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Those Heathen Foreigners and Our Jobs
Posted by: Dale Franks on Wednesday, August 09, 2006

Robert Samuelson writes that Americans seem to getting caught up in another bout of economic fear of the heathen foreigners.
We are experiencing another competitiveness panic. These occur every 15 or 20 years. There's an outpouring of worried reports and articles. After Sputnik in 1957 — the first artificial earth satellite — we were supposedly doomed to be overtaken by the Soviet Union. In the late 1970s and 1980s, it was Germany and then Japan. Lately, China and India have been the threats. Through it all, the United States has remained the dominant global economy, representing about one-fifth of the world's total output.

One problem with these debates is that competitiveness is a vague term. What does it mean?

If it means keeping the lead in every industry where we once led, we're doomed. As other countries develop, they create larger and better industries to meet their needs. Steel is an example. The United States doesn't need 350 million tons of steel. Textiles, consumer electronics and automobiles are other industries where we've lost ground to countries that have greater local needs, lower costs or better management. In many cases, U.S. multinational companies have relocated plants abroad to cut costs.

Similarly, if competitiveness requires the United States to maintain its present share of the world economy, we are also probably doomed. We have recently maintained our share only because Europe and Japan have grown more slowly than the United States. But if China and India continue to grow rapidly, the U.S. share will shrink. The U.S. economy is now about $13 trillion; China's is about $2.2 trillion, says economist Nicholas Lardy of the Institute for International Economics. China's growth is 9 percent to 10 percent annually, the United States' 3 percent to 4 percent. At those rates, China might pass the United States in 20 or 30 years, says Lardy. (However, per capita incomes in China would still be much lower.)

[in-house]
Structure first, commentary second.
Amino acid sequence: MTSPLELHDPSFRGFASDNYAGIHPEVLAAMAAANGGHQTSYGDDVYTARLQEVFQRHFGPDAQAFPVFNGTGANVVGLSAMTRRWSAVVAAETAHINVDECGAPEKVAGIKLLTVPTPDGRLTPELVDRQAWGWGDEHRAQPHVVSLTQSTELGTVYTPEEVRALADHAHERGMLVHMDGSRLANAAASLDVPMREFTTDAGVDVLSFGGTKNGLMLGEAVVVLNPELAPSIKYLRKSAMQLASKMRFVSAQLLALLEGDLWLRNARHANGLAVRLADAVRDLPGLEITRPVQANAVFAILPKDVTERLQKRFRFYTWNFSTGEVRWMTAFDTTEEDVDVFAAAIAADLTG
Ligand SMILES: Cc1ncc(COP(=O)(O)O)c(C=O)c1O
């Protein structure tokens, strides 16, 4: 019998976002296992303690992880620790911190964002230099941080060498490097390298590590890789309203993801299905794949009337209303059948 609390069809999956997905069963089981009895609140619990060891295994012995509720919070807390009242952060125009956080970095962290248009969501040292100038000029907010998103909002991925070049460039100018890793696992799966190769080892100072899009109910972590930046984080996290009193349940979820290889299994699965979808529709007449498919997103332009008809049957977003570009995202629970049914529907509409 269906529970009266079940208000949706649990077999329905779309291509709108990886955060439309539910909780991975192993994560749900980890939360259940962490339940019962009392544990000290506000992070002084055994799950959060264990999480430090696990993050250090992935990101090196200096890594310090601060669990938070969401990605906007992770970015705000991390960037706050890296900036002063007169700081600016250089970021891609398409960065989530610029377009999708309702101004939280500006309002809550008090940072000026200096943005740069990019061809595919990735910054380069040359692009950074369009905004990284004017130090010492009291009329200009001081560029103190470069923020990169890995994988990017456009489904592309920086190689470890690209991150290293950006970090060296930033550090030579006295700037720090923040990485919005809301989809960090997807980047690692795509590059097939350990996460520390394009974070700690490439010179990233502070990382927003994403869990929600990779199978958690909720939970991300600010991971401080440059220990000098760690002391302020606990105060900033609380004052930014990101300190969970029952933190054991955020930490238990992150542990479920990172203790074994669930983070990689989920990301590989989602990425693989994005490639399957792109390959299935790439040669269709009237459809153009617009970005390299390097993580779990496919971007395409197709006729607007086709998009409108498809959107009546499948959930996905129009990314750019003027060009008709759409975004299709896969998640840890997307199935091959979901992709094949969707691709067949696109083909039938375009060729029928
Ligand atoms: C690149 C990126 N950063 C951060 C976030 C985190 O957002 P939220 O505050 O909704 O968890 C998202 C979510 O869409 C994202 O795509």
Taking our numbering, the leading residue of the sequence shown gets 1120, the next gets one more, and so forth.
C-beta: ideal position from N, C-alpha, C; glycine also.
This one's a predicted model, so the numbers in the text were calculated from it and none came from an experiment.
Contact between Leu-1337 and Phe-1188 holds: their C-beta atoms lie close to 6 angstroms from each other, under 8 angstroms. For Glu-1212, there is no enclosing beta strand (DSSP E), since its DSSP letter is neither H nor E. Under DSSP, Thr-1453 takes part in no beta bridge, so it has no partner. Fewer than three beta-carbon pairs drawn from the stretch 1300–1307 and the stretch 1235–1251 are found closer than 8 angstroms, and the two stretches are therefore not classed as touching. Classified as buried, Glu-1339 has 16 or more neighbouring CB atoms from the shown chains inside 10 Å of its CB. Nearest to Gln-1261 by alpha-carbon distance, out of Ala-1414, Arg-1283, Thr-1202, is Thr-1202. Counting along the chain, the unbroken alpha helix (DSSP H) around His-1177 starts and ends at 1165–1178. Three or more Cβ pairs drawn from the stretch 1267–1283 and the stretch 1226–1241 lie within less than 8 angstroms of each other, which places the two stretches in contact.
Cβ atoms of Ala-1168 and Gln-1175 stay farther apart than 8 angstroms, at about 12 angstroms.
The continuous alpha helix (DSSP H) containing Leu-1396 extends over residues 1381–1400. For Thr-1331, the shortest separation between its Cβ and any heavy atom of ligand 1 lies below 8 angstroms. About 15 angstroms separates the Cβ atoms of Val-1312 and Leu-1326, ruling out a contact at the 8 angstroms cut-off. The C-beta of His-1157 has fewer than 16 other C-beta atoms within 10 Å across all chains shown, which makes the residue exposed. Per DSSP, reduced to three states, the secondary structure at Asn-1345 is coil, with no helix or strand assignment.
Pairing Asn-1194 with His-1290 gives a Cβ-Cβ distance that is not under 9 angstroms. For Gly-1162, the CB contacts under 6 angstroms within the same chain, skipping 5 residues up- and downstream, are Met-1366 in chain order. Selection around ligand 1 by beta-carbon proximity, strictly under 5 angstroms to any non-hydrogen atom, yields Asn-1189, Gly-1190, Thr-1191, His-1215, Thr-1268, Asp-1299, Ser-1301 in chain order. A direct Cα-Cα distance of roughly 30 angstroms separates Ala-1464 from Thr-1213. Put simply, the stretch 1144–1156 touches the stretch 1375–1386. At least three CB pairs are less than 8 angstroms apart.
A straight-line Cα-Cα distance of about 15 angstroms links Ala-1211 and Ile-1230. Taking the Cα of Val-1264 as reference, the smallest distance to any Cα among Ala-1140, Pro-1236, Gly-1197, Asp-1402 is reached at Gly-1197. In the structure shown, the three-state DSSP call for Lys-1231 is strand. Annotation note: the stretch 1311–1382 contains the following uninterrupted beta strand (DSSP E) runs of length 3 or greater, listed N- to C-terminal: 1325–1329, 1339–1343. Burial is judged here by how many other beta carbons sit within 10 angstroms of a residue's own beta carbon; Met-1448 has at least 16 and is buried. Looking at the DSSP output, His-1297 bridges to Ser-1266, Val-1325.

The point: global economic growth — something the United States encourages — erodes America's dominance. Technology, talent and wealth spread everywhere.
Two things are important to remember.

First, the American economy—any economy, for that matter—is never static. There are a plethora of jobs in fields such as information technology and telecommunications that didn't exist 20 years ago. And today, we are on the cusp of creating entirely new industries in fields such as nanotechnology. And America, because of its economy, and its engine of massive job growth, is always at the bleeding edge of new industries, services, and technologies. Creating new technologies is one of the things at which America excels.

Other countries, such as Japan, may excel at taking these new technologies and industries and further commercializing them. When they do, the wealth that these new technologies foster is spread around. Everyone gets the chance to become richer.

So, the idea that, if another nation becomes relatively richer compared to America, there is something horribly wrong, is, itself, horribly wrong. If America continues to create new jobs, if productivity continues to increase, if American per-capita wealth increases, then we're doing just fine. Economics is not a zero-sum game. Just because Indians are getting richer, that doesn't mean that Americans are getting poorer. To claim otherwise is false. It's just as false in international terms as it is in domestic terms to declare that, because I have a yacht, you can't have one.

Second, because the economy isn't static, there are definite effects on the labor market. The creation of the automobile, for example, was the death knell of the carriage and buggy-whip industries. That was pretty brutal for a generation of carriage and buggy-whip makers, who saw their jobs evaporate. But, the plain fact is that, if we always "keep American jobs in America", whether those jobs are at steel mills, Sylvania Television factories, or textile mills, we won't have enough workers available to do computer programming, cell phone network expansion, cable TV installation, etc., etc. That may be rough on people who've spent the greater portion of their lives in a now-dying industry. But, it means their children will have opportunities their parents couldn't dream of.